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Posted: 26 July 2017
Disappointed not to have made it through to the C-Prize finals? Our Start-up Manager, Elena Higgison gives you the low-down on other ways Callaghan Innovation can help.

Now that we’ve selected our ten finalists for C-Prize 2017, our focus has shifted from identifying exciting, new wearable innovations, to supporting them through from project to product. But with so many fantastic entrants, and a limited number of finalist slots, we’ve unfortunately had to leave some great ideas behind. But that doesn’t need to be the end of your story, as Callaghan Innovation Startup Manager, Elena Higgison, explains….

It is often said that it takes a village to raise a successful startup, and in my experience, that is absolutely true. But New Zealand is a particularly vibrant village, thanks to the combination of our smallness and our collaborative spirit. I doubt there is anywhere better prepared to ride the next wave of technology entrepreneurship.

New Zealand recently participated in the Startup Genome Ranking Report for the first time – this is a global overview of those cities deemed to have strong startup ecosystems. That analysis showed that NZ’s startup ecosystem is still in the activation phase – an early stage of ecosystem maturity – but that we’re going in the right direction. Understanding how we fit into a global context was not only useful for those of us working in the sector; it also validated our plans to step up activities further.

But we’re keen to avoid the most common pitfall of the activation phase – fragmentation of activity. It’s fantastic to have lots of people engaged in the startup sector, but we need to be really cognisant of keeping it clear and easy-to-navigate, and avoid repeatedly reinventing the wheel. As NZ’s national innovation agency, our role really is that of the connector. As I see it, we should be the first port-of-call for any NZ startup – a place they can come to for help in navigating the who, what and where of startup 101.

This year’s C-Prize contest was a milestone in NZ’s wearable technology journey, and the variety of entrants demonstrated just how rich the pipeline of ideas is here. We are keen to bring as many of them to market as we possibly can. But if you didn’t make it to the final ten, you might be wondering what’s next. 

Well, I’ll start by saying that it doesn’t matter what stage you are at. If your idea is good, we can connect you to individuals and organisations that will help grow your business. If you’re still working on your idea or design, we can provide you with the tools you’ll need to navigate the (occasionally-stressful) initial market validation phase. If you already have a prototype, and have perhaps started on beta tests or sales, then we can connect you with an incubator to get you in front of investors. If an accelerator programme is more suitable, we can also advise you on the best one to apply for.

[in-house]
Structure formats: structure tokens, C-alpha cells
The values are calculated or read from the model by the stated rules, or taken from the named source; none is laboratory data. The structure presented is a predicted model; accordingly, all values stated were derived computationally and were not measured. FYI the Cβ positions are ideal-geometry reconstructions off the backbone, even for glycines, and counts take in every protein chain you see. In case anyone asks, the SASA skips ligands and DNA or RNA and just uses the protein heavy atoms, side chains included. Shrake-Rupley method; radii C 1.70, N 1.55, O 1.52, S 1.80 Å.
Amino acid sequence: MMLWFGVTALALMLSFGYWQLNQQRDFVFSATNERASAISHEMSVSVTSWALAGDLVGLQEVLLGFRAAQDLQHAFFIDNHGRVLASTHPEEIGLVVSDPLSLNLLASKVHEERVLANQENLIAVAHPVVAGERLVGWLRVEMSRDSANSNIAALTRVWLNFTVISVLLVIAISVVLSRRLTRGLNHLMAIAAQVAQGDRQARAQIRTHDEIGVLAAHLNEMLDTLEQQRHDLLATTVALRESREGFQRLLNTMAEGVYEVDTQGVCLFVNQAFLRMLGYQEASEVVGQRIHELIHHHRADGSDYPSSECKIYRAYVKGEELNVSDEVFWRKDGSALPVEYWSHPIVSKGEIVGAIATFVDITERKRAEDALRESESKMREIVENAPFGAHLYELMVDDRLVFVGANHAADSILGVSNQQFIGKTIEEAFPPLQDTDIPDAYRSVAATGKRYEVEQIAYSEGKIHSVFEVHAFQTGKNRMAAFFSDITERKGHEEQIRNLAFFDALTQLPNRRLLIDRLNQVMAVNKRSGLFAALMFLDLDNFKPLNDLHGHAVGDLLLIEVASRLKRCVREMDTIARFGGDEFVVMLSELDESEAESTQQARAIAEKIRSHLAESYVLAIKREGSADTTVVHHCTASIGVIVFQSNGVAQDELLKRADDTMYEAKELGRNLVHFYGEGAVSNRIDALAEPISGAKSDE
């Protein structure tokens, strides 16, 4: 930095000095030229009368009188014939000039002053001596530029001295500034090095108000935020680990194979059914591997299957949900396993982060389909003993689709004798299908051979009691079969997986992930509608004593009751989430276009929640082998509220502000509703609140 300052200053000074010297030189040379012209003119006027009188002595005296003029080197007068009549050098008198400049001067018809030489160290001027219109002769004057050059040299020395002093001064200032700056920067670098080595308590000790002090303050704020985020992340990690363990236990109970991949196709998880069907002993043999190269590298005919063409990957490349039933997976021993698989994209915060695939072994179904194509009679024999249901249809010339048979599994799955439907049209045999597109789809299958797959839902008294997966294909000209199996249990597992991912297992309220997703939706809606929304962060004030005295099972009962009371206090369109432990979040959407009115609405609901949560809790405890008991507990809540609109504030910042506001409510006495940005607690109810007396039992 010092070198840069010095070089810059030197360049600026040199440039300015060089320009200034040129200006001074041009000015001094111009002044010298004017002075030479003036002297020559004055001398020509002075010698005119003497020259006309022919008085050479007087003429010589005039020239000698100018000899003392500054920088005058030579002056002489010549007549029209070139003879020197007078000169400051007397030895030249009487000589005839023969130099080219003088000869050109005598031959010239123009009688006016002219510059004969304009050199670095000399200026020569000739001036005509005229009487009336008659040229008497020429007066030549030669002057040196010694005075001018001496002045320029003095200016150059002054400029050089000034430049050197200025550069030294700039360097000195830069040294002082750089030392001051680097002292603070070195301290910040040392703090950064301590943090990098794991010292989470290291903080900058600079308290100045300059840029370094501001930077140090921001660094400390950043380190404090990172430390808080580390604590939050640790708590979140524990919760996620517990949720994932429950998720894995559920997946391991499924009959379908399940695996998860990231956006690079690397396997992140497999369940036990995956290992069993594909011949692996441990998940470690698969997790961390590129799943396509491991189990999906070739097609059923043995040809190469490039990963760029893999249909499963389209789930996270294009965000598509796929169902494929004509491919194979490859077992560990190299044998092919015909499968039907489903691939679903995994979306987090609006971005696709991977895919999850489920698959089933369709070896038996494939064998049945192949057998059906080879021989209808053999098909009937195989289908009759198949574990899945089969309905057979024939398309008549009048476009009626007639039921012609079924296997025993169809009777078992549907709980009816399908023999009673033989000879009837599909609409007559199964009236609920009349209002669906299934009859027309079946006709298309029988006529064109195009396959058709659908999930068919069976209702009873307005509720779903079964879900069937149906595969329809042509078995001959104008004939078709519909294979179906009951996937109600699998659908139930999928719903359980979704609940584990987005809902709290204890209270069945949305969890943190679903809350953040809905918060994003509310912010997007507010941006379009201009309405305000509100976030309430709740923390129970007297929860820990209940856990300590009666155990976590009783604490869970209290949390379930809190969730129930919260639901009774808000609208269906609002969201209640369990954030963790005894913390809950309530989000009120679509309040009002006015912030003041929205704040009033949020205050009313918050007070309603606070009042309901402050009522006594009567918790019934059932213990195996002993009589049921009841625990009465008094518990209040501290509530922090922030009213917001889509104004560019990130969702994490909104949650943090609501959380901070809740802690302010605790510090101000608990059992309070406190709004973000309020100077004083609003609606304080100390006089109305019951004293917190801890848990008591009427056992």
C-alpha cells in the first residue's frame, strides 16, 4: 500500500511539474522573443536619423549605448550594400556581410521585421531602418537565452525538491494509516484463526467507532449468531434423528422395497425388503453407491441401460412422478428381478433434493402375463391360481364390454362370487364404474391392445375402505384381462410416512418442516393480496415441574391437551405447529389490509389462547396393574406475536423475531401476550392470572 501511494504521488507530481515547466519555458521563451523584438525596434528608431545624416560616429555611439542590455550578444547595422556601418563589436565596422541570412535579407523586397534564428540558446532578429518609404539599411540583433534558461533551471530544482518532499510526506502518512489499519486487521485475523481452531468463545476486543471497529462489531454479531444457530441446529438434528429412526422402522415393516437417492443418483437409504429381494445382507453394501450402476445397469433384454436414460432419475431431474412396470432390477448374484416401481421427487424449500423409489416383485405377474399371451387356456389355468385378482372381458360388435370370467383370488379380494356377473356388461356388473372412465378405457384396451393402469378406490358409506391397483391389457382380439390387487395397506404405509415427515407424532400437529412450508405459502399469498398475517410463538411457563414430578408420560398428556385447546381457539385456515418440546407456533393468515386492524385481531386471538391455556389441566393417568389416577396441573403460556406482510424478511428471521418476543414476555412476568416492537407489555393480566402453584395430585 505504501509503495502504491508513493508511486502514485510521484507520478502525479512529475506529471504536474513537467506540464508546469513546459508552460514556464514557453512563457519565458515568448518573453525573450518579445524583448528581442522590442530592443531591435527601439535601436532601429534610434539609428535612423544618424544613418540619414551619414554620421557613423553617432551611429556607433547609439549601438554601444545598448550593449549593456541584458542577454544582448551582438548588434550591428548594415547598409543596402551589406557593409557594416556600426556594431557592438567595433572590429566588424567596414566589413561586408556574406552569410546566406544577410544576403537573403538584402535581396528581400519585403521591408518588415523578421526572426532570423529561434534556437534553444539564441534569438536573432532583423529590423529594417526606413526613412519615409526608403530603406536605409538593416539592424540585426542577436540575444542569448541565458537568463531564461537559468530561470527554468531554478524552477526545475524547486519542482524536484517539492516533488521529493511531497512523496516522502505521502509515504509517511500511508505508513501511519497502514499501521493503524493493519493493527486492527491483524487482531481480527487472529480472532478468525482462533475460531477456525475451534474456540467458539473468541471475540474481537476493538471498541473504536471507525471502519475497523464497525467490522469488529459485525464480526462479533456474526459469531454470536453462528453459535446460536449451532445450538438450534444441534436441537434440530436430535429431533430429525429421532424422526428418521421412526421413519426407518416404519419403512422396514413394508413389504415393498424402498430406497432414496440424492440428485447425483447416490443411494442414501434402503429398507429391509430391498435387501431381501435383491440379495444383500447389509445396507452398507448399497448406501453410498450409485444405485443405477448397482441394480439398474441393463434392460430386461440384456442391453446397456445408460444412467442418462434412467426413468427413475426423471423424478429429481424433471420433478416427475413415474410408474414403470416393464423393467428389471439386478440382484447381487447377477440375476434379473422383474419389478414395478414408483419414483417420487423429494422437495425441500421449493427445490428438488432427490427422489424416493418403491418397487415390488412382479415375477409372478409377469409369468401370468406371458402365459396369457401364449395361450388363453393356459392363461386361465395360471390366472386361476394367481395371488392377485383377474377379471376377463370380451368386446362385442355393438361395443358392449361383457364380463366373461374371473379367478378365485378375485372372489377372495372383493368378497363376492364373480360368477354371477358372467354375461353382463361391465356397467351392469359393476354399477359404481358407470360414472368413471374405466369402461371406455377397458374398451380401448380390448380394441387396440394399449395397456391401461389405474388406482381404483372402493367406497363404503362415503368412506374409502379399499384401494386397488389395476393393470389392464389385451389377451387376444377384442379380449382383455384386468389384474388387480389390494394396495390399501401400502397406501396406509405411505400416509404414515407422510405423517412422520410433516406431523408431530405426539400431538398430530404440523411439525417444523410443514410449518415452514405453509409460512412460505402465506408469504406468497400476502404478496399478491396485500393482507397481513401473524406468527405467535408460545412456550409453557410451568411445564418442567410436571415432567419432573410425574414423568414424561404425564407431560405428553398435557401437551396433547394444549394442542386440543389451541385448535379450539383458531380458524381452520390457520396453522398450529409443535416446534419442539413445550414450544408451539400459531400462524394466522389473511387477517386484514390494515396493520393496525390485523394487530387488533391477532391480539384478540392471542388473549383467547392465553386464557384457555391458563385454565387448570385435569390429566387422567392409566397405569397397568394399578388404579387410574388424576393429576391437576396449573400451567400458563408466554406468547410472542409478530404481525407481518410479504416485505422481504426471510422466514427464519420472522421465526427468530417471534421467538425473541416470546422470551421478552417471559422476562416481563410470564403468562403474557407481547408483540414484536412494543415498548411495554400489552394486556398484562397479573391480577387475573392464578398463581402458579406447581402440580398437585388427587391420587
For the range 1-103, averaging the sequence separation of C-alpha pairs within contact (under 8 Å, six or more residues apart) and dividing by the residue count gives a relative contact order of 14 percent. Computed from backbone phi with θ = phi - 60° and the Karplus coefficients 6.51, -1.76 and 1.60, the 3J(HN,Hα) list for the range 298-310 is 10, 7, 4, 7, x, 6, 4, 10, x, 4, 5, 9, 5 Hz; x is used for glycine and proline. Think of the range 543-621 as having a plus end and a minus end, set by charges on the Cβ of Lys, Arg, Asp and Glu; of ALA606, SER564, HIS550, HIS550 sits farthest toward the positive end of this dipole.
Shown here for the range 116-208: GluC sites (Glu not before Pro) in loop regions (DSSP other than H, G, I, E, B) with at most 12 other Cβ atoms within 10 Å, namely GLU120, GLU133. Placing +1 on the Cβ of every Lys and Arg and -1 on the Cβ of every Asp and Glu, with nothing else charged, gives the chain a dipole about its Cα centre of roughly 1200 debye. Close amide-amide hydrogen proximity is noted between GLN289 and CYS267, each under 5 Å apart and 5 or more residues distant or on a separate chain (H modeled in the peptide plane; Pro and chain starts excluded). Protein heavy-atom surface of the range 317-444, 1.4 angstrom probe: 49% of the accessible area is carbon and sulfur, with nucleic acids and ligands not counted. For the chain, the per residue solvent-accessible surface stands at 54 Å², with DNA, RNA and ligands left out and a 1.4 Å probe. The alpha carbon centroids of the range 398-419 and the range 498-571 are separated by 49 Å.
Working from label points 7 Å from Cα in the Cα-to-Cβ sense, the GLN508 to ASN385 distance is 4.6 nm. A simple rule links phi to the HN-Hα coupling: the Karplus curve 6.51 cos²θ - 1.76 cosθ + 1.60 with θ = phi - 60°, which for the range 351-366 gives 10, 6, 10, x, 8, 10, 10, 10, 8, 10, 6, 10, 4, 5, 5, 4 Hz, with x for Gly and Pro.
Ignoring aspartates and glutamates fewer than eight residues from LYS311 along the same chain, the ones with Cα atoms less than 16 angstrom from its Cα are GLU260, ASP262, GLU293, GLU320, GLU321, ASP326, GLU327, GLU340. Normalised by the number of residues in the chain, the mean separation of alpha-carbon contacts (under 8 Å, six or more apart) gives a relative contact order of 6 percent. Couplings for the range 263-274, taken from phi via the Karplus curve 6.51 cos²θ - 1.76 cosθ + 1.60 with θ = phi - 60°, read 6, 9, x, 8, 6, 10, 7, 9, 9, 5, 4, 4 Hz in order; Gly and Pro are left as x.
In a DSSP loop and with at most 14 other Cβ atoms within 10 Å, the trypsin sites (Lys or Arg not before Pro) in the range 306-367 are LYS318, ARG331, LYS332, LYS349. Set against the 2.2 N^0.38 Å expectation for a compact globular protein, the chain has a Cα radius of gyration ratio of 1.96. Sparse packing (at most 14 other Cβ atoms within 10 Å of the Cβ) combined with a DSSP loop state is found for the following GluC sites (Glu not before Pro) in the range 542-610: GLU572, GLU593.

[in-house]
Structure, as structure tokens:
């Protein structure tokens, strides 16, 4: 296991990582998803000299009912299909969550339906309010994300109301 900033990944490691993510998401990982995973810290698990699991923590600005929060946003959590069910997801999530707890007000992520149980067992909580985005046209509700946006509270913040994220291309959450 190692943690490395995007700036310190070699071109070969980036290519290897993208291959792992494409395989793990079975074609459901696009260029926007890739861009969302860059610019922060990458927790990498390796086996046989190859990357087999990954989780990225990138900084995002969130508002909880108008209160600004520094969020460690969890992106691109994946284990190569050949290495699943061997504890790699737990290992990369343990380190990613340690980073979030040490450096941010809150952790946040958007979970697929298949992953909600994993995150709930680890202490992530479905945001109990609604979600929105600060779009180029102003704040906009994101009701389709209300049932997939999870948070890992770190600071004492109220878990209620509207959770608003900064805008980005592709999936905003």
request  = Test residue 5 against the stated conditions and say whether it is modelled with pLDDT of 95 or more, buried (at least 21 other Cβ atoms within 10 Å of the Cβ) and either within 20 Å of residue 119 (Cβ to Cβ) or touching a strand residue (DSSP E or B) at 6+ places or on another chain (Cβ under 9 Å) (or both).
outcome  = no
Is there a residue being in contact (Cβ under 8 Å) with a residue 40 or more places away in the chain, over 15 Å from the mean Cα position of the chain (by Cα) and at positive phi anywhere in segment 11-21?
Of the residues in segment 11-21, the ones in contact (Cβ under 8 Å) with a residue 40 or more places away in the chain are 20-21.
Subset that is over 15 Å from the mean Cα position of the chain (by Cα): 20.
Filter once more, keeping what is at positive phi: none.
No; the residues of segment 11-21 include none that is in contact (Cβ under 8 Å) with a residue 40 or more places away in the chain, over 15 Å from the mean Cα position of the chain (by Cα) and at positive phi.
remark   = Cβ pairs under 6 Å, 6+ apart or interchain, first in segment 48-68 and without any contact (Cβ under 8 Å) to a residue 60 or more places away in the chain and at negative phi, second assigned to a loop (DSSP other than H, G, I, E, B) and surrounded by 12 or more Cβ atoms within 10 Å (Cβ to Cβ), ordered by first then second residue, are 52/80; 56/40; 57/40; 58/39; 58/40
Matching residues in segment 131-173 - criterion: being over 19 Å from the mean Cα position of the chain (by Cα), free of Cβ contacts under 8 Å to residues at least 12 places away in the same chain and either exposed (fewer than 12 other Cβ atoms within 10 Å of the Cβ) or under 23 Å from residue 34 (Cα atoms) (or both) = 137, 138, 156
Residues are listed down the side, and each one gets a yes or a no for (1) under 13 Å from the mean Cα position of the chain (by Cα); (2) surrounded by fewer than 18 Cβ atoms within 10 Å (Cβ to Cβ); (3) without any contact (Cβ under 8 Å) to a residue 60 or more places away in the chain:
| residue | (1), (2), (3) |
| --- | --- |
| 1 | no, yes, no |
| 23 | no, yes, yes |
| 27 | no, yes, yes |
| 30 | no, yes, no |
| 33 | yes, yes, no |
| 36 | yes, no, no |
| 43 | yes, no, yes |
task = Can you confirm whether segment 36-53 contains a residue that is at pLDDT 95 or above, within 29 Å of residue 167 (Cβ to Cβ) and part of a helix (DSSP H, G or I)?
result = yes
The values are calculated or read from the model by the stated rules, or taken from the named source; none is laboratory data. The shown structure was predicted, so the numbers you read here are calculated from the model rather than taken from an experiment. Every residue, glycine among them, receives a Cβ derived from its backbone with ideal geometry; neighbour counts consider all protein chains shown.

And it’s important to say that we can support you regardless of your location. Our incubator network is expanding reach into regions that haven’t previously been on the grid. And we have Regional Business Partner advisors in 14 regions that are the front door to business support, which includes Callaghan Innovation services, NZTE and Business Mentors, and well as specific regional programmes. We know that it takes resilience, determination and all those other ‘x-factor’ qualities to get an idea over the line, so, supporting founders and their team is a key priority of ours.

Take Spalk, for example. They came out of Auckland University – a group of friends who turned a hobby into a great business idea. Their technology allows sports enthusiasts to live-commentate their favourite events, and for sports broadcasters to offer multiple audio channels for different audience demographics. Spalk got their first break when they participated in the Vodafone Xone accelerator program, which we’re a partner in. They were then supported to develop their prototype further via an R&D project grant with our Regional Business Partner Network. They travelled to the Consumer Electronics Show earlier this year as part of our NZ start-up delegation, where they met with some of the biggest names in sports broadcast. On arriving back, Spalk connected to the Icehouse, who helped them secure another round of investment. They’re doing fantastically, and we are delighted to have supported them along the way.

That’s where my passion really lies – in joining the dots between the people with ideas, and the networks that can help turn them into reality. So, to anyone who hasn’t made it through to the C-Prize finals, my advice is to keep your head up, keep working, and keep in touch. We’re here to help.